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In contrast to government's predominant role in criminal justice today, for many centuries crime control was almost entirely private and community-based. Government police forces, prosecutors, courts, and prisons are all recent historical developments-results of a political and bureaucratic social experiment which, Bruce Benson argues, neither protects the innocent nor dispenses justice.
In this comprehensive and timely book, Benson analyzes the accelerating trend toward privatization in the criminal justice system. In so doing, To Serve and Protect challenges and transcends both liberal and conservative policies that have supported government's pervasive role. With lucidity and rigor, he examines the gamut of private-sector input to criminal justice-from private-sector outsourcing of prisons and corrections, security, arbitration to full "private justice" such as business and community-imposed sanctions and citizen crime prevention. Searching for the most cost-effective methods of reducing crime and protecting civil liberties, Benson weighs the benefits and liabilities of various levels of privatization, offering correctives for the current gridlock that will make criminal justice truly accountable to the citizenry and will simultaneously result in reductions in the unchecked power of government.
Contracting out (or partial privatization) of policing, security, corrections and court-related law enforcement services, although limited when compared to public sector provision of the same services, has expanded in scope and numbers in the last 25 years. In an examination of the potential benefits and pitfalls of contracting out, Benson concludes that contracting out typical government services to private businesses reduces costs and may enhance quality of services, depending on whether the contracting out process was competitive or noncompetitive (meaning the process was influenced by bribery, corruption, or overt political maneuvers).
In the last chapter, Benson makes several recommendations, including more crime prevention watching by citizens in their communities, more community policing, increasing the use of private security, eliminating licenses and other regulatory restrictions on private security markets, ending publicly supervised pretrial release programs, encouraging more private prosecutions, privatizing indigent defense, civil remedies against police who violate constitutional rights of citizens, creating private courts with a focus on restitution, making criminals "pay" for their crimes through a commercial bail system and marketing prisoner's labor. Other subsidiary suggestions accompany these recommendations with explanations of how they might be implemented.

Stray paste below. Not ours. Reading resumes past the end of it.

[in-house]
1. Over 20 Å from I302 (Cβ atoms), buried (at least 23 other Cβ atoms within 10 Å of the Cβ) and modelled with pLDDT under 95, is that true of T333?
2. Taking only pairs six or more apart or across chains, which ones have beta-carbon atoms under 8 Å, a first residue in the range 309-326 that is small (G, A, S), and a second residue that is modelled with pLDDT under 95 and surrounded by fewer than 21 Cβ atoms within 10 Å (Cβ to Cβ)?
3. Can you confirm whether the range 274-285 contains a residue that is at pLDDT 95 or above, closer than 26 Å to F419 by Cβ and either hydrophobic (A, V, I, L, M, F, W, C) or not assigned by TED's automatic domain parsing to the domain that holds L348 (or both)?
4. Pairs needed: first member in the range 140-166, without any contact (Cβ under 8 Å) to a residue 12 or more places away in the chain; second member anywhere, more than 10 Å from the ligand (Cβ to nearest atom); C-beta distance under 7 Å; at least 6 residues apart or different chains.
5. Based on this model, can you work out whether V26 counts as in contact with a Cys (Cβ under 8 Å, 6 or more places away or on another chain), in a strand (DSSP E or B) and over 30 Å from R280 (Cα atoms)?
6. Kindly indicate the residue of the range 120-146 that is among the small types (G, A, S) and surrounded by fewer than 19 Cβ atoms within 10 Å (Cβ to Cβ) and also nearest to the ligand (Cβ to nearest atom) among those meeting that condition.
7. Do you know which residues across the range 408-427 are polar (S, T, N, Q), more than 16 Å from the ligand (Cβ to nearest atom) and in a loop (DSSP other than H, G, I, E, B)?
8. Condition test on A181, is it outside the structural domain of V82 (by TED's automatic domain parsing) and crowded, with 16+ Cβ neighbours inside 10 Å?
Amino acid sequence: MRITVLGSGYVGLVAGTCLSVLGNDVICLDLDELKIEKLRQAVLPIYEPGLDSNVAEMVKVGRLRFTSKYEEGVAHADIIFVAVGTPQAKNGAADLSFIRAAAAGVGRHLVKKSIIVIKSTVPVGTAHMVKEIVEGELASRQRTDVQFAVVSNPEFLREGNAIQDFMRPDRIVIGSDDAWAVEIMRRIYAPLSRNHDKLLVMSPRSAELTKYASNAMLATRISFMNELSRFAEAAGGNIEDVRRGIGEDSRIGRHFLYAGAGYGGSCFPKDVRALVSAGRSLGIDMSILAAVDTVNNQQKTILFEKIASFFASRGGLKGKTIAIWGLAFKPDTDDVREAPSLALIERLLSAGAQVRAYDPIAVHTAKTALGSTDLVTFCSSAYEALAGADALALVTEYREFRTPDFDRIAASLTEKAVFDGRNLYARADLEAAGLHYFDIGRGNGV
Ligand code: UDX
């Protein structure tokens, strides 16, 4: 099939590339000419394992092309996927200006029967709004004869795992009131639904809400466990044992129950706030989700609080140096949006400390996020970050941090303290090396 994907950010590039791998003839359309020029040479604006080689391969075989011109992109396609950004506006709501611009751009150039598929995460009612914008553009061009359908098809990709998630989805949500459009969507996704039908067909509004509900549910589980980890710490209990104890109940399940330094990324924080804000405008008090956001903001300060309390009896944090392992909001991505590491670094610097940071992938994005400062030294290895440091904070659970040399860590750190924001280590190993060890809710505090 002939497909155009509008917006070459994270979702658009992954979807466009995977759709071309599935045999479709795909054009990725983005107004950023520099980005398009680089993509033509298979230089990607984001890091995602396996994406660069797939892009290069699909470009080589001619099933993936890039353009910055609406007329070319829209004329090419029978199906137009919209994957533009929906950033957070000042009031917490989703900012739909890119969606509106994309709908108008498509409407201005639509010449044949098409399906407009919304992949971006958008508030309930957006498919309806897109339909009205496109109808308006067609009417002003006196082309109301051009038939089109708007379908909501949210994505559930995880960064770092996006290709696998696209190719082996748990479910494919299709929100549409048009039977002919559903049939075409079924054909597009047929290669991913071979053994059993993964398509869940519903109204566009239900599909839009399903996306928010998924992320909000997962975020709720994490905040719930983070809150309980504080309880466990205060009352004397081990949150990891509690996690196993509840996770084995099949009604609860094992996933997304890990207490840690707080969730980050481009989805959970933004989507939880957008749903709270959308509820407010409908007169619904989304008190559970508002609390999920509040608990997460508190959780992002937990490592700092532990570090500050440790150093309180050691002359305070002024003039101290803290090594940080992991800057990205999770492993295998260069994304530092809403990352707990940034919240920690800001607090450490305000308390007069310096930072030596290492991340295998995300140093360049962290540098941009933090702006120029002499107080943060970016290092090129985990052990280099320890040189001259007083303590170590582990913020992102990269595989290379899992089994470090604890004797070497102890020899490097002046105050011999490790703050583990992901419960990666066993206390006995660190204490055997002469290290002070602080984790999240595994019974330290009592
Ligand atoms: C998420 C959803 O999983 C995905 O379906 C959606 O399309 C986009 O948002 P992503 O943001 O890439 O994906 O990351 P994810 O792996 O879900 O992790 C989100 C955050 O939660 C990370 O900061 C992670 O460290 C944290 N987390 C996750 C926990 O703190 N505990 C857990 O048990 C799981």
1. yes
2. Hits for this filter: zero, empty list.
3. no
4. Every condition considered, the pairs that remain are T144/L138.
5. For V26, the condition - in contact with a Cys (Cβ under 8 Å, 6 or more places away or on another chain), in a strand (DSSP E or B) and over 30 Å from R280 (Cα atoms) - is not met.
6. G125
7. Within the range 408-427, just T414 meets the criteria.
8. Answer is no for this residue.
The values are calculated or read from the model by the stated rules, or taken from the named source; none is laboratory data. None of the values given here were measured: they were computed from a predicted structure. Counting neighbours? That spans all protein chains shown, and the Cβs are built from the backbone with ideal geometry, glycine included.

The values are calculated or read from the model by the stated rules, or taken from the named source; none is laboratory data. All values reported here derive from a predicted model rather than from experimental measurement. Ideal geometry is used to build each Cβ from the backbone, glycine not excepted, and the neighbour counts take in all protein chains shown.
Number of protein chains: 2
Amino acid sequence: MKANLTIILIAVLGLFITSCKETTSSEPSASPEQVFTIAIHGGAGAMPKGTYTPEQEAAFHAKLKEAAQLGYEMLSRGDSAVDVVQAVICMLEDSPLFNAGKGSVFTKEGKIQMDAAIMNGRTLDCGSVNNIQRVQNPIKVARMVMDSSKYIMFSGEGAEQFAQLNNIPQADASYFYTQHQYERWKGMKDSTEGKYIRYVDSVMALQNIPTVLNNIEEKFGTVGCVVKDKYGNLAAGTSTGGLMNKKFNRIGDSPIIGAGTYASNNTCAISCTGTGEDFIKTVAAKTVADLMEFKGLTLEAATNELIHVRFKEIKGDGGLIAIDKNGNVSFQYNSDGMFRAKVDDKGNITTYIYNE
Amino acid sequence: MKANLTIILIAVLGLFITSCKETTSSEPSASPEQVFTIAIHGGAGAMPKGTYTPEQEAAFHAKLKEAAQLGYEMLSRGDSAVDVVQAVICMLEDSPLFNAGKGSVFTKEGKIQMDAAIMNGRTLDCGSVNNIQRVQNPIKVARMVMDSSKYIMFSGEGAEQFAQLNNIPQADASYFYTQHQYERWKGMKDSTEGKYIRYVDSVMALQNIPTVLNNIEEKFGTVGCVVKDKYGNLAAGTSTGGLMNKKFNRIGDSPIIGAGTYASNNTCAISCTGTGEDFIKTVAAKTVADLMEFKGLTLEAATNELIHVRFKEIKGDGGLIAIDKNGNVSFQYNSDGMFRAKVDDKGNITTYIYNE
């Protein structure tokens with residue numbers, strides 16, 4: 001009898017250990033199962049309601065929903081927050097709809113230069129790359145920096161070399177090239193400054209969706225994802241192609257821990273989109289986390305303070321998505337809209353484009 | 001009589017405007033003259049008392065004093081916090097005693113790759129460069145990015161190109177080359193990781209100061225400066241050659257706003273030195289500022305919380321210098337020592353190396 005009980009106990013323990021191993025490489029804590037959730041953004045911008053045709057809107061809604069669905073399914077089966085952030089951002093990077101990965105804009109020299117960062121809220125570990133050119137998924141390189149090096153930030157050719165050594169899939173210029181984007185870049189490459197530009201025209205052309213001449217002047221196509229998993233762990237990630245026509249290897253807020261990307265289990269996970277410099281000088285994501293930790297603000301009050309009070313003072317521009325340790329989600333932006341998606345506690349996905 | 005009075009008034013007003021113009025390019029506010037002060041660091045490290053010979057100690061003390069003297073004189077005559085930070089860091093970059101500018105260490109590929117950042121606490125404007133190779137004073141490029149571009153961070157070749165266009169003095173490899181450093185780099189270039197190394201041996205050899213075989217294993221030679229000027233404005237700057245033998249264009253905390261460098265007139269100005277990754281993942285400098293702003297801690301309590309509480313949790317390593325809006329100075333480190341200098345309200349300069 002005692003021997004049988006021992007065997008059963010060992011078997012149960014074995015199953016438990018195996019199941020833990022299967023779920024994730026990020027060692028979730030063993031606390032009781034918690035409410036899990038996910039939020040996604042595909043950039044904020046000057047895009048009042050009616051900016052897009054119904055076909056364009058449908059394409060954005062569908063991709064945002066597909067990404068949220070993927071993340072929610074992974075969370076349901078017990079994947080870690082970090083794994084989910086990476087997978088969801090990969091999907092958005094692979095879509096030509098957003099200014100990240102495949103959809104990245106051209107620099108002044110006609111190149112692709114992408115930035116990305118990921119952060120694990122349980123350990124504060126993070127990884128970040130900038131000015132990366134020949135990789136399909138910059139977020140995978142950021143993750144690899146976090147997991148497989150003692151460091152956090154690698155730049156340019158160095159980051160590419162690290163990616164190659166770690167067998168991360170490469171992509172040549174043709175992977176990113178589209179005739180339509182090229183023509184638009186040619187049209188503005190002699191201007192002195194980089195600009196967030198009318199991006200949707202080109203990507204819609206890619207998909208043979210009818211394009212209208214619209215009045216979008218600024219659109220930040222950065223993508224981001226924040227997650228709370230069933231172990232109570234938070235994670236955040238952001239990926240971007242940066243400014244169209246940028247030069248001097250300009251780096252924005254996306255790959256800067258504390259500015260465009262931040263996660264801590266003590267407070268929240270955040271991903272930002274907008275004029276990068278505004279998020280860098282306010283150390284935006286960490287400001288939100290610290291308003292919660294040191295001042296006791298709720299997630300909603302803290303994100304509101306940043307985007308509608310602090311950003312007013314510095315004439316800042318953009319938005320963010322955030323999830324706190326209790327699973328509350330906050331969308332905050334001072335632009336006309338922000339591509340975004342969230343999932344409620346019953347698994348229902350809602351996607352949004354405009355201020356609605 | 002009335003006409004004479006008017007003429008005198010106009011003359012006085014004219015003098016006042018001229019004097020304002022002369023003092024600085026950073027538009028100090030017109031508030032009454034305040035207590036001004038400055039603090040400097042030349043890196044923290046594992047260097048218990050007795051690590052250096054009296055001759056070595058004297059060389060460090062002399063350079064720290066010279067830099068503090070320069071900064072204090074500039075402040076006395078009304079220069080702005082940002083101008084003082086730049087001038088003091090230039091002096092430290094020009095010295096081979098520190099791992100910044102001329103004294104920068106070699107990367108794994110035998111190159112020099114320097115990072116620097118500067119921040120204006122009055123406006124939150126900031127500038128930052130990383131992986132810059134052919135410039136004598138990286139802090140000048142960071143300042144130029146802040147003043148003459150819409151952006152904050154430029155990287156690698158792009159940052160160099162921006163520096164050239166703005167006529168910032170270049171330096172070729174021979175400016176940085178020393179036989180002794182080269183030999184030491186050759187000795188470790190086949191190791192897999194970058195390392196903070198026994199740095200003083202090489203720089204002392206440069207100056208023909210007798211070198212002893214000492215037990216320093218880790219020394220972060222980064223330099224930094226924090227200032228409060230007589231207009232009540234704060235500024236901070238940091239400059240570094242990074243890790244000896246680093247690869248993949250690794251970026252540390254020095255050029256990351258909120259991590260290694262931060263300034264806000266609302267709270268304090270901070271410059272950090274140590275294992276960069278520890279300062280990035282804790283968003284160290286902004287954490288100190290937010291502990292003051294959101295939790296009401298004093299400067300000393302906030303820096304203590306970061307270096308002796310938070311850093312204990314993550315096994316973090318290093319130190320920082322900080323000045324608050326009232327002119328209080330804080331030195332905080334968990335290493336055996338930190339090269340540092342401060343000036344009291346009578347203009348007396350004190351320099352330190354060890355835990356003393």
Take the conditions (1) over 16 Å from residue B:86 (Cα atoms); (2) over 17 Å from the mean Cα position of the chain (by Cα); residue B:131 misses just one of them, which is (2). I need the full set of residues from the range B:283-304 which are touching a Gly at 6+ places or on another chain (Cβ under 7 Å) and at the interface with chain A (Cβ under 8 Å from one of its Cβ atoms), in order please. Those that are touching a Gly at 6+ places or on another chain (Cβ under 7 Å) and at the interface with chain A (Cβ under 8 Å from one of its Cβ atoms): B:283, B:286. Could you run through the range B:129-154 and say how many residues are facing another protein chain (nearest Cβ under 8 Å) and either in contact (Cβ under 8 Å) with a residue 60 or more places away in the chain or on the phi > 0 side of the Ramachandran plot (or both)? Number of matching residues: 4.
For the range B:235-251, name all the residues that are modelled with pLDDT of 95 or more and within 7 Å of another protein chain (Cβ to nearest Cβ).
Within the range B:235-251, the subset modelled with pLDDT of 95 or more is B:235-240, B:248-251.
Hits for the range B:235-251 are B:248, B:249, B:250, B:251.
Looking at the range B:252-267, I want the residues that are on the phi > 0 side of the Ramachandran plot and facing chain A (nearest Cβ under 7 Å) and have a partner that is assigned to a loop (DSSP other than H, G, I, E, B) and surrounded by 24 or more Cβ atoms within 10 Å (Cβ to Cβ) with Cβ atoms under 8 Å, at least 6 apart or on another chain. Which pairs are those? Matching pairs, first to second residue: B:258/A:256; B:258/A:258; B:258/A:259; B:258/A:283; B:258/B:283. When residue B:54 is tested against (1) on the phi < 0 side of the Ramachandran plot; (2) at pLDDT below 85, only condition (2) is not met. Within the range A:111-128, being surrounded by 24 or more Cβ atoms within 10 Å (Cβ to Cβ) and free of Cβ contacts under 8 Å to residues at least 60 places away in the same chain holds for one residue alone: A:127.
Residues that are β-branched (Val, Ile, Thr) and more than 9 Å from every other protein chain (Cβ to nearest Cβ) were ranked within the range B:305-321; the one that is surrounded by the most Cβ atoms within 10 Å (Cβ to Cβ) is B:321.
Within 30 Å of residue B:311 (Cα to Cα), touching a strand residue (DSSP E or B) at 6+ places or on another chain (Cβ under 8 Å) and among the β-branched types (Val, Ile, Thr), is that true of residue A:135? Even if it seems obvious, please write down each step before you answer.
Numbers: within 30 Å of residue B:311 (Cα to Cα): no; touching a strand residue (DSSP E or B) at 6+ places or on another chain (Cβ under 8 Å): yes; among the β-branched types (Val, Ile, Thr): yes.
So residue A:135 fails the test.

Each recommendation is discussed in some detail and fit together to form Benson's vision of a utopian private justice system. He anticipates "considerable political resistance" to such reforms, and he argues "crime can actually be relatively effectively controlled through the interactions of private buyers and sellers and through various voluntary cooperative arrangements". He submits that one purpose of his book is to give a road map to victims' advocacy groups that they might use to create a criminal justice system more responsively to the "desires of individual crime victims." We must not forget, as we read this book, that it is a criminal justice system, not a victim justice system. It provides a "collective" good that may create some disjuncture between the whims and desires of individual crime victims and overall societal well-being. In my opinion, somewhere along the way in this libertarian treatise the author loses sight of this. Well written and provocative, it should be read by criminal justice professionals and academicians with the perspective that he offers some valid criticisms of the public sector's handling of criminal justice and offers some recommendations that warrant consideration.
|Preface: Why the Timing Might Be Right|
|I||Private Inputs for Public Crime Control||13|
|2||Partial Privatization: The Level and Scope of Contracting Out in Criminal Justice||15|
|3||Potential Benefits and Pitfalls of Contracting Out for Criminal Justice||26|
|4||Private Inputs into "Public" Arrests and Prosecution: Vital but Reluctant Victims and Witnesses||50|
|II||Private Crime Control||73|
|5||The Level and Scope of Private Production of Crime Prevention and Protection||75|
|6||Private Justice in America: Historical Precedent and Modern Reality||94|
|7||The Benefits of Privatization: Theory and Evidence||127|
|8||Alleged Market Failures in a Privatized System of Criminal Justice: Are They Valid?||169|
|III||Policy Analysis and Recommendations: From a Privatized System of Crime Control to Government Domination, and How to Get Back Again||193|
|9||Why Is the Public Sector So Involved with Criminal Law Today? A Theoretical and Historical Analysis||195|
|10||Restitution in a Rights-Based Approach to Crime Policy: Individual Responsibility and Justice for Victims||227|
|11||Encouraging Effective Privatization in Criminal Justice, Part I: Prevention and Pursuit||260|
|12||Encouraging Effective Privatization in Criminal Justice, Part II: Prosecution and Punishment||285|
|About the Author||372|